• Tue. Jun 21st, 2022

Report: Climate Change Poses Risk to Offshore Real Estate Investments

DURHAM- Real estate investments are particularly exposed to climate risk, according to a new report co-authored by The Climate Service, as the impact of climate-related damage from rising seas and storms along coastlines is expected to cost cities up to 1 trillion dollars a year. by 2050.

“As climate risk assessment and reporting becomes mandatory and commonplace, the ability to understand and assess climate risk accurately and comprehensively will be critical and confer significant strategic advantage,” the report from The Climate Service states. and its partner Nuveen Real Estate.

One of the conclusions: the protection of green spaces in all urban municipalities can significantly reduce the risk of oppressive heat.

There is physical risk, find the authors of the report, or risks that directly impact assets and real estate markets. There are also transition risks, including changes in climate policy or perception that could affect investment decisions or the valuation of real estate assets.

Measuring climate risk is important for real estate investors, the authors note, as the United Nations Framework Convention on Climate Change (UNFCCC) estimates that by 2070, $35 trillion in real estate assets could be threatened.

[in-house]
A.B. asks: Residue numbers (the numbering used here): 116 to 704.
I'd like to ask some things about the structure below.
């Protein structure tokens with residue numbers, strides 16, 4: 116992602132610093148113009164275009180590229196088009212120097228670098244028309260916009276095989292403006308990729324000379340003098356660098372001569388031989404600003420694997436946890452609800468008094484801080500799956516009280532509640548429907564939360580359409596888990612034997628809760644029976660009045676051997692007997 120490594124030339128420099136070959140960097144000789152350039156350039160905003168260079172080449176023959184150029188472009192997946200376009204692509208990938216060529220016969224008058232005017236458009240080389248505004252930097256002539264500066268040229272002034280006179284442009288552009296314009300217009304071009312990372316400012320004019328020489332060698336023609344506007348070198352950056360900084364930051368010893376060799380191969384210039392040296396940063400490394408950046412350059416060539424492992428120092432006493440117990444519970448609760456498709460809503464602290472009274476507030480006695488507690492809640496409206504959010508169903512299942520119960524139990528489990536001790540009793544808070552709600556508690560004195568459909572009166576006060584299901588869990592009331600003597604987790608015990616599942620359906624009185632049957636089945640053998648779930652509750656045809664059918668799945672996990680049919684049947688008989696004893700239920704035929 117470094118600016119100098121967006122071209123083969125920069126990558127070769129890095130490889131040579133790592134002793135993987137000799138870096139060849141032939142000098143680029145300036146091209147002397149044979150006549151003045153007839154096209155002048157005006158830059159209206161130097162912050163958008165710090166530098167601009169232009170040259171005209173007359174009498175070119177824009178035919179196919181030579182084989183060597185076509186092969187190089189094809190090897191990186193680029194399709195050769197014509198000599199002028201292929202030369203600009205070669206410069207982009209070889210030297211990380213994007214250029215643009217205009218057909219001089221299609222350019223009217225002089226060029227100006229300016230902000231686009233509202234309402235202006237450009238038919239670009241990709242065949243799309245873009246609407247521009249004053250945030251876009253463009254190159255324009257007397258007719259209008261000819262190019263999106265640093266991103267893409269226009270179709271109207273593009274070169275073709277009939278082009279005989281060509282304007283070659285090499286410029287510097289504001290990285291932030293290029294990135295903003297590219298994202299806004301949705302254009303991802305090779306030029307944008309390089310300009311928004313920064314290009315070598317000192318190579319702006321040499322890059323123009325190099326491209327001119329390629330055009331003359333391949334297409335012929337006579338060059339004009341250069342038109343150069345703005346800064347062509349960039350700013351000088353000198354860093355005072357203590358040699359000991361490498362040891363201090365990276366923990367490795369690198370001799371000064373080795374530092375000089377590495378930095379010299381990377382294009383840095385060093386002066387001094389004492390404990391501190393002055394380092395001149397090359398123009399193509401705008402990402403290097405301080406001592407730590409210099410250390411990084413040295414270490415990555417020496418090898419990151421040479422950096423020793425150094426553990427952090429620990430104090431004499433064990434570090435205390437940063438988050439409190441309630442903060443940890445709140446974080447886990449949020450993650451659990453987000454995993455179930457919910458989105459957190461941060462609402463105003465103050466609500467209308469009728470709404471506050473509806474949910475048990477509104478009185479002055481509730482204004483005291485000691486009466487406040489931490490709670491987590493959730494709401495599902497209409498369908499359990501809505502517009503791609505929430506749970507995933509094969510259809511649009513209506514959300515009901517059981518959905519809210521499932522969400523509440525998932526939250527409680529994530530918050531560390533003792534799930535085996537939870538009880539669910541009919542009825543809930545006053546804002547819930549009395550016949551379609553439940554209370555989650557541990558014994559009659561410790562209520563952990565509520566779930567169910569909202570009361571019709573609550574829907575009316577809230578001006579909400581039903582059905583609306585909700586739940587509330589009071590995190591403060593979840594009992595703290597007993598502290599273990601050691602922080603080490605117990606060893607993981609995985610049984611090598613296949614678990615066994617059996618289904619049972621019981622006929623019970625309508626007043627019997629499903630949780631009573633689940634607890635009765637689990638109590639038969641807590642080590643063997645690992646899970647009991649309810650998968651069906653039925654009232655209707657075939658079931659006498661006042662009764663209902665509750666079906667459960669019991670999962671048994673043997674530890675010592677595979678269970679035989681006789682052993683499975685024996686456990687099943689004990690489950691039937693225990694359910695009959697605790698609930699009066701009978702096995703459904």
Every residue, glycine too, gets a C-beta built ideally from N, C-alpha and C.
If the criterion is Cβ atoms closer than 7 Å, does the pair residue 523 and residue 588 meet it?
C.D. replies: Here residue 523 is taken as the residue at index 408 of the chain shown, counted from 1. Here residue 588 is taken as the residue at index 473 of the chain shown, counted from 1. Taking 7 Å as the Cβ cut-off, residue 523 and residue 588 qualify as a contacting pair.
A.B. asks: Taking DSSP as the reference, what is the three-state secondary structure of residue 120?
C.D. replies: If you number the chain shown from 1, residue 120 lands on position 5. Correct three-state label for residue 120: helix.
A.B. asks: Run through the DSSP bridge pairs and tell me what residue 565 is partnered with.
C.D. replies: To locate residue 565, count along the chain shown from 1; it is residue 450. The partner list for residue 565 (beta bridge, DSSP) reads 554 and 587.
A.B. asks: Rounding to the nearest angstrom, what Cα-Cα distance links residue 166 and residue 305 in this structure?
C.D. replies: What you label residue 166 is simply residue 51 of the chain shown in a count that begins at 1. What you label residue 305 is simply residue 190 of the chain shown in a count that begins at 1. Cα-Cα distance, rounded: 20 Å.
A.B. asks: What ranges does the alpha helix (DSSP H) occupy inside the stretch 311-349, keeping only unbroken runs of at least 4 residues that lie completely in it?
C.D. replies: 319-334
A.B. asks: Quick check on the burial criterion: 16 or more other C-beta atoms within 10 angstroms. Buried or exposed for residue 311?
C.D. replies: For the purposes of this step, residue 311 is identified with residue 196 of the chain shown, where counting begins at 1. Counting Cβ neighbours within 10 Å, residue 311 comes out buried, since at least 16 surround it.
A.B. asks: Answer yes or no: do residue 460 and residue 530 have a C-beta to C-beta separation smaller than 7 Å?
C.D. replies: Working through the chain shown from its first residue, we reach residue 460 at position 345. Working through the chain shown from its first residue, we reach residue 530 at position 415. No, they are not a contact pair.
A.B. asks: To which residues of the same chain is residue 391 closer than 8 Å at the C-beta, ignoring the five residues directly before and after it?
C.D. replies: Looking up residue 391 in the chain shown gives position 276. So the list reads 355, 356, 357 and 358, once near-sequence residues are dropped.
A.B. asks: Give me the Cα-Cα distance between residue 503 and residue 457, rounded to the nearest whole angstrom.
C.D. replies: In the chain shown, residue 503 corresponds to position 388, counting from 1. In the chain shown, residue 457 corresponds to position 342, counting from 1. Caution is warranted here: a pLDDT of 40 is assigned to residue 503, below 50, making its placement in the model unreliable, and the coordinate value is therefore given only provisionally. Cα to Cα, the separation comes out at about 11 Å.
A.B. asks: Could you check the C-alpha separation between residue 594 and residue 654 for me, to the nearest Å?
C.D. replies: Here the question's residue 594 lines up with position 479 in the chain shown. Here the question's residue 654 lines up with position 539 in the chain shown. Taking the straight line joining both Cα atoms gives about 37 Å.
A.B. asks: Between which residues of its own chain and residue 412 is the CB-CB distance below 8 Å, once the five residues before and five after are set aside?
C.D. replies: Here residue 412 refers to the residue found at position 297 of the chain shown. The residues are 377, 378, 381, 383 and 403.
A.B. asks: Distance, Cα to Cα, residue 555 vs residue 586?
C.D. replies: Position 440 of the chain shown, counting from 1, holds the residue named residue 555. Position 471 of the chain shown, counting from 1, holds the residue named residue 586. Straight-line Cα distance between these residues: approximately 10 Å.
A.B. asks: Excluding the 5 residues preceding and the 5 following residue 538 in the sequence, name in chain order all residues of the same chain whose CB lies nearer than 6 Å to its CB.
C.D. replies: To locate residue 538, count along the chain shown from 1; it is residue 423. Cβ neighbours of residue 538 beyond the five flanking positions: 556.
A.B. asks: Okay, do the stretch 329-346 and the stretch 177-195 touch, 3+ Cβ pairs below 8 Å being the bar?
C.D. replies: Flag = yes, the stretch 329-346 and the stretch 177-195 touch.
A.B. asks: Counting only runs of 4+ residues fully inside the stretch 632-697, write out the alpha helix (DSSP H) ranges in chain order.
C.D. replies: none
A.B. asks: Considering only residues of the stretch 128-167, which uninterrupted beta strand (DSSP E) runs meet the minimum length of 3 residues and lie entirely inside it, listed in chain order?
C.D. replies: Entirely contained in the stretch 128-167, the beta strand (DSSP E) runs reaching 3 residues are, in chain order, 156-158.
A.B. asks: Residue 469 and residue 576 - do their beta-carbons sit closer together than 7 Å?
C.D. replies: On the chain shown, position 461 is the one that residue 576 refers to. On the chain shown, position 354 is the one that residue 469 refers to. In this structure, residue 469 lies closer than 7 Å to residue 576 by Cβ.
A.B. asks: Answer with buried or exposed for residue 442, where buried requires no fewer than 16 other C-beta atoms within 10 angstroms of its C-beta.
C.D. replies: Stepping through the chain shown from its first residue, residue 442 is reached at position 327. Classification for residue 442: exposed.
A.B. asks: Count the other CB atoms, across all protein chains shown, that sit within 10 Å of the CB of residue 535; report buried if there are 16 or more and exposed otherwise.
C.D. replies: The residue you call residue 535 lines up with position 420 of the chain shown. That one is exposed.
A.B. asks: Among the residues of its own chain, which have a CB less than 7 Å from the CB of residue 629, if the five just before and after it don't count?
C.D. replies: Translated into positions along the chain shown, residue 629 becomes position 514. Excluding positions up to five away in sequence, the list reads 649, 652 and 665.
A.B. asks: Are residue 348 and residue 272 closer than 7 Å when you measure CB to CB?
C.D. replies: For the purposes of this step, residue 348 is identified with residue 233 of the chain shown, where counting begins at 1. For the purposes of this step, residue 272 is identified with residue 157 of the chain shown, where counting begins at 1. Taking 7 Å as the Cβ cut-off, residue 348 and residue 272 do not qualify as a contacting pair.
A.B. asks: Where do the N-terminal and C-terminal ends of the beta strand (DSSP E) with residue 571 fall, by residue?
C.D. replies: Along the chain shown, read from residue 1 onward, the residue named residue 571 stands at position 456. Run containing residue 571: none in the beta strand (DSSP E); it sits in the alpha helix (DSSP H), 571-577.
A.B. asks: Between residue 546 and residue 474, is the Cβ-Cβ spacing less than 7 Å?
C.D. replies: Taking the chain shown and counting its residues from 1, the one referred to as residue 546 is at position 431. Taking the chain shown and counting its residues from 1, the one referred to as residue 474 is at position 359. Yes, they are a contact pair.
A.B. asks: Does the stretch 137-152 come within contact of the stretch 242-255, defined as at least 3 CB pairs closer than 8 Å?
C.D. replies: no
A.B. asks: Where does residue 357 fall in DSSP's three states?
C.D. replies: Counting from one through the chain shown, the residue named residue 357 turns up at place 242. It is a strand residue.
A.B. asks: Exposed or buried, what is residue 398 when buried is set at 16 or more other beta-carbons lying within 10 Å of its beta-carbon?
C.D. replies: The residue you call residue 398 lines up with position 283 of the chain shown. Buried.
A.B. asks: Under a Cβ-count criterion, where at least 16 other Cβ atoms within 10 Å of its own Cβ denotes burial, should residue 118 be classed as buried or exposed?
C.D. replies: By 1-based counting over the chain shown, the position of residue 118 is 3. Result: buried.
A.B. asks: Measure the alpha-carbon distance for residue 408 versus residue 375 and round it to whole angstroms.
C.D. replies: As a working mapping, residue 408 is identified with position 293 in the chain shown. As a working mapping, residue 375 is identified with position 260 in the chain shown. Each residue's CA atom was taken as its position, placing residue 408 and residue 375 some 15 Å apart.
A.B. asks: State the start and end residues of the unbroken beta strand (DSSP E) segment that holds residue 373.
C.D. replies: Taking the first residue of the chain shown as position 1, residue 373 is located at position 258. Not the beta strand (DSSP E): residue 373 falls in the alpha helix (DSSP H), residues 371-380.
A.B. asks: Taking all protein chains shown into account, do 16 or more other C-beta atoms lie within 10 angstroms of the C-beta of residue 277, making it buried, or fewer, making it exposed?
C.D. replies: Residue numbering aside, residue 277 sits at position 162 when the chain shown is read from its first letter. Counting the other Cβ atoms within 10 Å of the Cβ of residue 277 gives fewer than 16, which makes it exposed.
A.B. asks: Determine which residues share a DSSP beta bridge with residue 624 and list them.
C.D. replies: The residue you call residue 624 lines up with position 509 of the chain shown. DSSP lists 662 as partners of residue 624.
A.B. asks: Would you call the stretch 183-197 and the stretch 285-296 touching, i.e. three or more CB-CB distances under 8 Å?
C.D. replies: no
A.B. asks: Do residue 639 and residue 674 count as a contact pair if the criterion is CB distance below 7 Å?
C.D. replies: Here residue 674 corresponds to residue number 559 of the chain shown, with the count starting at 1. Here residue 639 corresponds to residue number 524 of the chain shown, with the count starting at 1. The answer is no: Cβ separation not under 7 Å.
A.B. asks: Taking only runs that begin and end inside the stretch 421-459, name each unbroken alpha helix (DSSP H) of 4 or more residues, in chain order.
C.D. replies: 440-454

Durham Climate Service adds two scientists and develops climate risk assessment platform

The authors outline the potential impact on rental markets and multifamily commercial real estate, saying that, based on previous research, climate-related gentrification could change the composition of many parts of the United States and the world.

The theory is that as climate-related changes, whether a change in sea level or an increase in severe storms or otherwise, continue or accelerate, these changes are likely to trigger a migration from low to higher regions, which researchers call climate-related gentrification.

A report by Harvard University’s Joint Center for Housing Studies estimated that nearly 11 million American renters, or one in four renter households, spent more than 50% of their income on housing in 2018.

Consideration of climate risk, as it relates to businesses, buildings and real estate assets, could change the way economic development work is conducted for municipalities and state governments, as well as the way businesses discuss their options, think about and plan their growth and expansion. along cities and coastal regions.

Business leaders are taking notice of climate risk, noted James McMahon, CEO of The Climate Service, in a recent interview with WRAL TechWire.

“From my perspective, the field is growing tremendously, both in terms of demand and supply,” McMahon said.

The company raised $3.8 million in fundraising earlier this year.